Proposition 8, a California ballot measure that defined marriage as between a man and a woman was ruled unconstitutional by a federal appeals panel, potentially moving the case one step closer to the Supreme Court. As Robert Barnes reported:
The panel took a narrow route in knocking down California’s prohibition and did not address whether same-sex couples have a federal constitutional right to marry. Such unions are unlikely to resume in the nation’s most populous state until the appeals process is completed.
But it was a significant development in a contentious national battle over gay rights, including the ability to serve openly in the military. Besides California, 28 states have constitutional amendments that ban same-sex marriage, and 12 others have laws that restrict unions to one man and one woman.
Six states and the District of Columbia allow gay couples to marry, and three others are considering joining them. Polls show a striking generational difference in acceptance, with young people far more in favor of allowing same-sex unions.
There is a partisan difference as well. And if the issue reaches the Supreme Court, as opponents of same-sex-marriage want, the arguments could occur in the fall when the nation is consumed with a presidential election.
The ruling made waves on the presidential campaign trail, as some of the GOP candidates sought to use the ruling to rally their base. As Jonathan Capehart wrote, Mitt Romney was quick to weigh in :
A story I skipped over yesterday made for intriguing reading today, the day the Ninth Circuit Court of Appeals ruled that California’s Proposition 8 banning same-sex marriage unconstitutional.“Election pivotal for nation’s courts” was a story about how the 2012 election could either cement the Republican majority on appellate courts or tip the balance to Democrats in key jurisdictions. And it pointed out that the next president could have up to three Supreme Court vacancies to fill before the end of his next term in 2016. For those who placed their hopes in the Supreme Court to do what Congress won’t — repeal the so-called Defense of Marriage Act — the reelection of President Obama is paramount.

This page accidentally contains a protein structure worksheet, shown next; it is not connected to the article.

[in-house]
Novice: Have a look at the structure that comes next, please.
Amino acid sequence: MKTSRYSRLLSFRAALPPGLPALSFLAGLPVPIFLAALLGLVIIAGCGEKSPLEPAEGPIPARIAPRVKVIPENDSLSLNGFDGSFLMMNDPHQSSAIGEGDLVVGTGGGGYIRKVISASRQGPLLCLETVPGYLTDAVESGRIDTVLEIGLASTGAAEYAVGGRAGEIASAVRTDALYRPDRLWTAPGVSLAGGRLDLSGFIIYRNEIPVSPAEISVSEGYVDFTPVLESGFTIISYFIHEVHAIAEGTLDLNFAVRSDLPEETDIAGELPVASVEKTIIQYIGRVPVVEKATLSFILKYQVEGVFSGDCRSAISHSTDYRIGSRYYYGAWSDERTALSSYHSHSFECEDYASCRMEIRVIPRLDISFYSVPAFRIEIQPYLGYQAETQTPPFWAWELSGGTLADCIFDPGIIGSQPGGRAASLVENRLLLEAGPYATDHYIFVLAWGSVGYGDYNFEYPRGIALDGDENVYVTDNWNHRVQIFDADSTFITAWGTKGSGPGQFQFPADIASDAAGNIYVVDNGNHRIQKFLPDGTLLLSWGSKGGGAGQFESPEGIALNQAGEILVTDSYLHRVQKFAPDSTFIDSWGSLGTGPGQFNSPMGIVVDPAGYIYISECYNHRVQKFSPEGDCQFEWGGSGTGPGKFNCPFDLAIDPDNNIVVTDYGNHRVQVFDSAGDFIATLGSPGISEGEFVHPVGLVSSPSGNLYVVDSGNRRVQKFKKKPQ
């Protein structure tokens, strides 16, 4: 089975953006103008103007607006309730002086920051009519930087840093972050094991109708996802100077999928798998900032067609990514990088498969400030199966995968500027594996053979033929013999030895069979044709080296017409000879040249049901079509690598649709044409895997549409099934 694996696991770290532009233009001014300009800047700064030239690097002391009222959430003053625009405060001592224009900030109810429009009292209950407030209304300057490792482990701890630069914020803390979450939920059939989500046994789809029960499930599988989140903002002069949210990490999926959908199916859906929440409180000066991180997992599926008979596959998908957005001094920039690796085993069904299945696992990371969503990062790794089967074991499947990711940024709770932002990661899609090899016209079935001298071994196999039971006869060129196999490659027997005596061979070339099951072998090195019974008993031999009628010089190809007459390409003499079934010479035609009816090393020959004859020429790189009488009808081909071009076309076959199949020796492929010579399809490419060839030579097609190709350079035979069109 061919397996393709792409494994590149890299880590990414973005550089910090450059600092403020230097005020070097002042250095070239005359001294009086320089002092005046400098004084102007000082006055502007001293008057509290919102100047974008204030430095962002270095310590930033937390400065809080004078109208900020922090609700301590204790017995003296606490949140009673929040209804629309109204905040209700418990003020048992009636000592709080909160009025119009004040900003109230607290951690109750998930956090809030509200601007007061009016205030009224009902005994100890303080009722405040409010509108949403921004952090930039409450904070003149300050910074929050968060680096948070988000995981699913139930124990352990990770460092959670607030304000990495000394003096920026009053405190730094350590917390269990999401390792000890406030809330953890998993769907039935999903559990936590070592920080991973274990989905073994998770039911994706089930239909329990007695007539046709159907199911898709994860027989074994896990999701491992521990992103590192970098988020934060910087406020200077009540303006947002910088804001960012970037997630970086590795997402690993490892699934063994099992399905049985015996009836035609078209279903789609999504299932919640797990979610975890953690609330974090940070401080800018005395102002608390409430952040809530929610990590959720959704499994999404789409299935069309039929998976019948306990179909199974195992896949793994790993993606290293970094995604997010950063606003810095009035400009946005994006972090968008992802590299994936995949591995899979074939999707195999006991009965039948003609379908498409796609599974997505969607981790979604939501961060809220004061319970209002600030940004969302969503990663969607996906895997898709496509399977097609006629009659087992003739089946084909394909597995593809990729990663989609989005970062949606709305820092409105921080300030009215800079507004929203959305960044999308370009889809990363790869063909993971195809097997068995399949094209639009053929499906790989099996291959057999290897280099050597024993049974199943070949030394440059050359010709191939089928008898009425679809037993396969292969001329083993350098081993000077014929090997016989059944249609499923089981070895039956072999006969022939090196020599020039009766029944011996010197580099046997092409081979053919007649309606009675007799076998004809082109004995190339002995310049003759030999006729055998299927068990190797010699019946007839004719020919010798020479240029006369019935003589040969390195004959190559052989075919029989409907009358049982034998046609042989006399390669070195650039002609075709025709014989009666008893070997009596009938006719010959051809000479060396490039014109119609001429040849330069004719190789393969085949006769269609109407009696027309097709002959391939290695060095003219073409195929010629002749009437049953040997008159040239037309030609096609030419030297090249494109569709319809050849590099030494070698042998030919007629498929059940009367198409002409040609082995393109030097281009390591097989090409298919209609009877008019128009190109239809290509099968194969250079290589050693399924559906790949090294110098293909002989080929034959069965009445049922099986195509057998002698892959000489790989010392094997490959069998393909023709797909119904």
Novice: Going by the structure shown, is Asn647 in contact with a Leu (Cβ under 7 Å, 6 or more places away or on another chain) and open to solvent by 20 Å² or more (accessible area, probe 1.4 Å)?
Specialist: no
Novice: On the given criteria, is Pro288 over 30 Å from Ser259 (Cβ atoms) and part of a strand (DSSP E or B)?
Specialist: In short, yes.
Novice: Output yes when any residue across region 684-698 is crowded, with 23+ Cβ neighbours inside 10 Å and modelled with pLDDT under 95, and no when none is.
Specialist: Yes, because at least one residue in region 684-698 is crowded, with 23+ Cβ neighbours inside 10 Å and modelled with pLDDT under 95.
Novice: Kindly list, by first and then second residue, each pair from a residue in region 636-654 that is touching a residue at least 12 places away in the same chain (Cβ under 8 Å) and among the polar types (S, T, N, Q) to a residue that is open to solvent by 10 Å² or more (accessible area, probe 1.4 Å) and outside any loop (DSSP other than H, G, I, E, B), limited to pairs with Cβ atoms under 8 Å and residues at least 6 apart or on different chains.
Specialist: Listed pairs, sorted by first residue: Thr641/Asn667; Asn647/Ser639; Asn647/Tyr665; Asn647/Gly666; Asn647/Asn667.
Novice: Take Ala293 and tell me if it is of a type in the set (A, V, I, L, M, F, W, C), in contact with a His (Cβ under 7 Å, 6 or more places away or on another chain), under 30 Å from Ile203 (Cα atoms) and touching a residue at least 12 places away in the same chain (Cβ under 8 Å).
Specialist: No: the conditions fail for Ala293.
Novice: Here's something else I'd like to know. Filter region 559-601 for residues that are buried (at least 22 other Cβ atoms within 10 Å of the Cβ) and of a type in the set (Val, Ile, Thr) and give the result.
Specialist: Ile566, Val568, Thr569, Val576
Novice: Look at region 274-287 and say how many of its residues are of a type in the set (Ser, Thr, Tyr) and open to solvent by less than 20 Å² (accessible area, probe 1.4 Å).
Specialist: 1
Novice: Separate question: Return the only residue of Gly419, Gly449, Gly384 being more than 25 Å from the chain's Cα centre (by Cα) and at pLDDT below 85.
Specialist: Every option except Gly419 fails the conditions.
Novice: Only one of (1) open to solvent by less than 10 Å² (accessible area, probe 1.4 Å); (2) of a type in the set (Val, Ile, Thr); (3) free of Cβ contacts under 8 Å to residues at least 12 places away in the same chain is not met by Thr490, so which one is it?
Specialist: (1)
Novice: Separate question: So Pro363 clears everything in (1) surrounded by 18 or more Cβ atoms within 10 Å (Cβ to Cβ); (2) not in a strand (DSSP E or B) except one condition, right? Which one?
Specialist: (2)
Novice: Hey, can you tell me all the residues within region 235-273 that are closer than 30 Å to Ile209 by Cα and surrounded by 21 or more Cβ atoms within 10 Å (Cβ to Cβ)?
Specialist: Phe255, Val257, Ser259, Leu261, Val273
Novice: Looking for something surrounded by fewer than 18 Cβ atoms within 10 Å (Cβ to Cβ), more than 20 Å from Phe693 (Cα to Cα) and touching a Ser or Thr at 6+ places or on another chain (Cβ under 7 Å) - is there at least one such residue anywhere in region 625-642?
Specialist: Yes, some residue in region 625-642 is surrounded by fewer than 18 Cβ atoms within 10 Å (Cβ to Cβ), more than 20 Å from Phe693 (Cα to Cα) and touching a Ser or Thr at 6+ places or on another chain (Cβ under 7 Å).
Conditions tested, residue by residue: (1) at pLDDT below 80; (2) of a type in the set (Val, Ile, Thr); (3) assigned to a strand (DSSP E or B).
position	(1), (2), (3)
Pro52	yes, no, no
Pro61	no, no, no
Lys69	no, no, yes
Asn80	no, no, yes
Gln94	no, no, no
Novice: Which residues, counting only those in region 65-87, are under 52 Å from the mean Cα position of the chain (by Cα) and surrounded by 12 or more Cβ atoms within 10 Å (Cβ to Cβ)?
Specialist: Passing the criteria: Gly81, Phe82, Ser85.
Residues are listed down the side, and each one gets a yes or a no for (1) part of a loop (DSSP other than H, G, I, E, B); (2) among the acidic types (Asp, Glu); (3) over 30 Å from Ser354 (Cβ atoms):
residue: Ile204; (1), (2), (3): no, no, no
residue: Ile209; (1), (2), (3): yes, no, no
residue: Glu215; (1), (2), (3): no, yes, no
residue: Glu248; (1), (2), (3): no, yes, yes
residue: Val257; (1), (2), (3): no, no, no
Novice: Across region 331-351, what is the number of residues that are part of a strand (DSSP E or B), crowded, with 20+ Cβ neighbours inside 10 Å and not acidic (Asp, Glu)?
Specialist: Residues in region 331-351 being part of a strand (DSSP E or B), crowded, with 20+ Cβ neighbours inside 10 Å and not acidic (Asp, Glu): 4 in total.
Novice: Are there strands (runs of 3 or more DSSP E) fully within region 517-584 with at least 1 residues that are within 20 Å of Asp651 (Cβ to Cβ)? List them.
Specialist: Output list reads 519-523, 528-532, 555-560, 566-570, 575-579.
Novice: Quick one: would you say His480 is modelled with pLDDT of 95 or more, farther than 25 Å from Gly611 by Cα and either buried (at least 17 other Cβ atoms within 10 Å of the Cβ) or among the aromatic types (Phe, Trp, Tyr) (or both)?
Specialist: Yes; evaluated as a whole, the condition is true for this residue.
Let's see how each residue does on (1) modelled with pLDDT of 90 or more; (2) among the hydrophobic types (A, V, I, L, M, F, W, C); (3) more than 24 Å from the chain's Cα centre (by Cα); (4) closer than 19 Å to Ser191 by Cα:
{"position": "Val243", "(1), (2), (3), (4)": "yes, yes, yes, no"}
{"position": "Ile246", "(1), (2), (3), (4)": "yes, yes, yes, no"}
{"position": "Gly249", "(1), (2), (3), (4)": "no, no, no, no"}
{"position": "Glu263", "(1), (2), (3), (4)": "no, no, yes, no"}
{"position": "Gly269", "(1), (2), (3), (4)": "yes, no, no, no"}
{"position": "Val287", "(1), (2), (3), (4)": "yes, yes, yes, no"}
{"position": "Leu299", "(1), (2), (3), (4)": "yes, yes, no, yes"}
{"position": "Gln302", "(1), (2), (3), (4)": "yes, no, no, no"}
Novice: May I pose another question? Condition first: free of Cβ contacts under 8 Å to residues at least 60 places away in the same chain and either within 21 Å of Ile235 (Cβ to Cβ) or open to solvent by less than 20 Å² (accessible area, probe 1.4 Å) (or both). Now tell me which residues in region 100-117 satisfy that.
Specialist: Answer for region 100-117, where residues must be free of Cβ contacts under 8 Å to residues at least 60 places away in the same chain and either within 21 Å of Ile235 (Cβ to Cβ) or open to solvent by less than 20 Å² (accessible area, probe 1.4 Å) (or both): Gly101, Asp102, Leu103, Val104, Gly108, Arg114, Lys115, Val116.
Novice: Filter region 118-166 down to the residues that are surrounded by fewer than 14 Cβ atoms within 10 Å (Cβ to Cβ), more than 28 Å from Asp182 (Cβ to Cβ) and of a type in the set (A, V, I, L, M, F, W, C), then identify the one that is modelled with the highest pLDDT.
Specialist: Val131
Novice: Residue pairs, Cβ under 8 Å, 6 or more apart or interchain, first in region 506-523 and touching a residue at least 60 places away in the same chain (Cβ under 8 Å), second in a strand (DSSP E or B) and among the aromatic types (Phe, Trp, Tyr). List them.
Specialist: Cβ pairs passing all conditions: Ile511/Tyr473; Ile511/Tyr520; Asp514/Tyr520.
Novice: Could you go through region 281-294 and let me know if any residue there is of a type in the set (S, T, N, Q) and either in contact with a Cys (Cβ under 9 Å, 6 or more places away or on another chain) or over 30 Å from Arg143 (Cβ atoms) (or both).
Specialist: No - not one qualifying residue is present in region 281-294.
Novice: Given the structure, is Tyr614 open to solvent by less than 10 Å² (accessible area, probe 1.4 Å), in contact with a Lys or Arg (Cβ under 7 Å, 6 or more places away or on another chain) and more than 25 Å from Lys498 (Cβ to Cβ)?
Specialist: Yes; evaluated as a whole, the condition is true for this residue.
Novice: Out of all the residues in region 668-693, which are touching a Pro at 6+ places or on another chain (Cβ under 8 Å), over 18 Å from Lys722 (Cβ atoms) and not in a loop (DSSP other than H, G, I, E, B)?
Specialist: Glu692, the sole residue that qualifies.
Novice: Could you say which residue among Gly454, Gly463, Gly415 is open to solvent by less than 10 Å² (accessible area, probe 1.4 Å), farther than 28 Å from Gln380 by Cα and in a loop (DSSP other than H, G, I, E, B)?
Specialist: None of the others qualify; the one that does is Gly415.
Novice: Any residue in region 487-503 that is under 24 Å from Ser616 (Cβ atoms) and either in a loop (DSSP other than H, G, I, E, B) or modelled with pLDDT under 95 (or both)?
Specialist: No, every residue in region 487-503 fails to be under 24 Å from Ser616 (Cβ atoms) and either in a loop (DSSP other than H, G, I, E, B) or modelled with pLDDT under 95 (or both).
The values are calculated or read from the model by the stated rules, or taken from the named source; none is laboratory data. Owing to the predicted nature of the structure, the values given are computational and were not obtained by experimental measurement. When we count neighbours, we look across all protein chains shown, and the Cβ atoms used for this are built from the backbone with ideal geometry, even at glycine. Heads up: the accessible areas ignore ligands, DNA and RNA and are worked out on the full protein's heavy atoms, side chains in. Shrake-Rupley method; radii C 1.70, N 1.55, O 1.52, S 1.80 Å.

As Chris Geidner reports in MetroWeekly, lawyers for the “Perry” in Perry v. Schwarzenegger — Ted Olson and David Boies — differed on whether the Supreme Court would hear an appeal by those who want to maintain Prop 8. But they are certain of one thing. The nation’s high court will eventually hand down a ruling on same-sex marriage. The composition of that nine-person body will be determined by the next president of the United States.
For a whole host of reasons, Mitt Romney should not be that person. But the statement he issued this afternoon on the Ninth Circuit ruling is one more in the brief against him.
“Today, unelected judges cast aside the will of the people of California who voted to protect traditional marriage. This decision does not end this fight, and I expect it to go to the Supreme Court. That prospect underscores the vital importance of this election and the movement to preserve our values. I believe marriage is between a man and a woman and, as president, I will protect traditional marriage and appoint judges who interpret the Constitution as it is written and not according to their own politics and prejudices.”
Polling has shown that millennials have very different attitudes from older people on the issue of same-sex marriage. As Alexandra Petri explained in her satire blog, ComPost:
Tell a Millennial that the U.S. Court of Appeals for the 9th Circuit ruled Prop 8, California’s ban on same-sex marriage, unconstitutional, and we will look at you as though you had just announced that the 9th Circuit had ruled that the sky was blue, that oxygen was pleasant to inhale or that texting was always preferable to talking.
Of course! The proposition simply acted to “lessen the status and human dignity of gays and lesbians”? That’s — well, as Thomas Jefferson would say — it’s self-evident.
We Millennials list among our hobbies texting, Facebooking, purchasing ironic merchandise with owls on it and waiting for the elderly to keel over so we no longer have to discuss social issues with them.
It’s like getting your great-aunts on e-mail. They persist in clicking the one thing that you obviously and blatantly would never click in your wildest dreams, the one icon that deletes your file and causes your computer to fold out into a biplane. It’s the same way with discussions like this. “I mean, of course,” we say. “I mean, it’s — everyone deserves the same rights. That’s mind-blowingly obvious. Even Thomas Jefferson knew it, and he was confused about a lot of things.”
“But why marriage?” they say. “Marriage, traditionally, is an institution that is between one man and one woman. . .”
“Are we really going with the [institution] is traditionally [something] argument?” we say. “The institution of doing laundry is traditionally accomplished by beating clothes with a mallet in a running stream — yes, that’s an imprecise analogy. But why is it that when an institution is suffering, your first response is to ban the people most excited about joining?”
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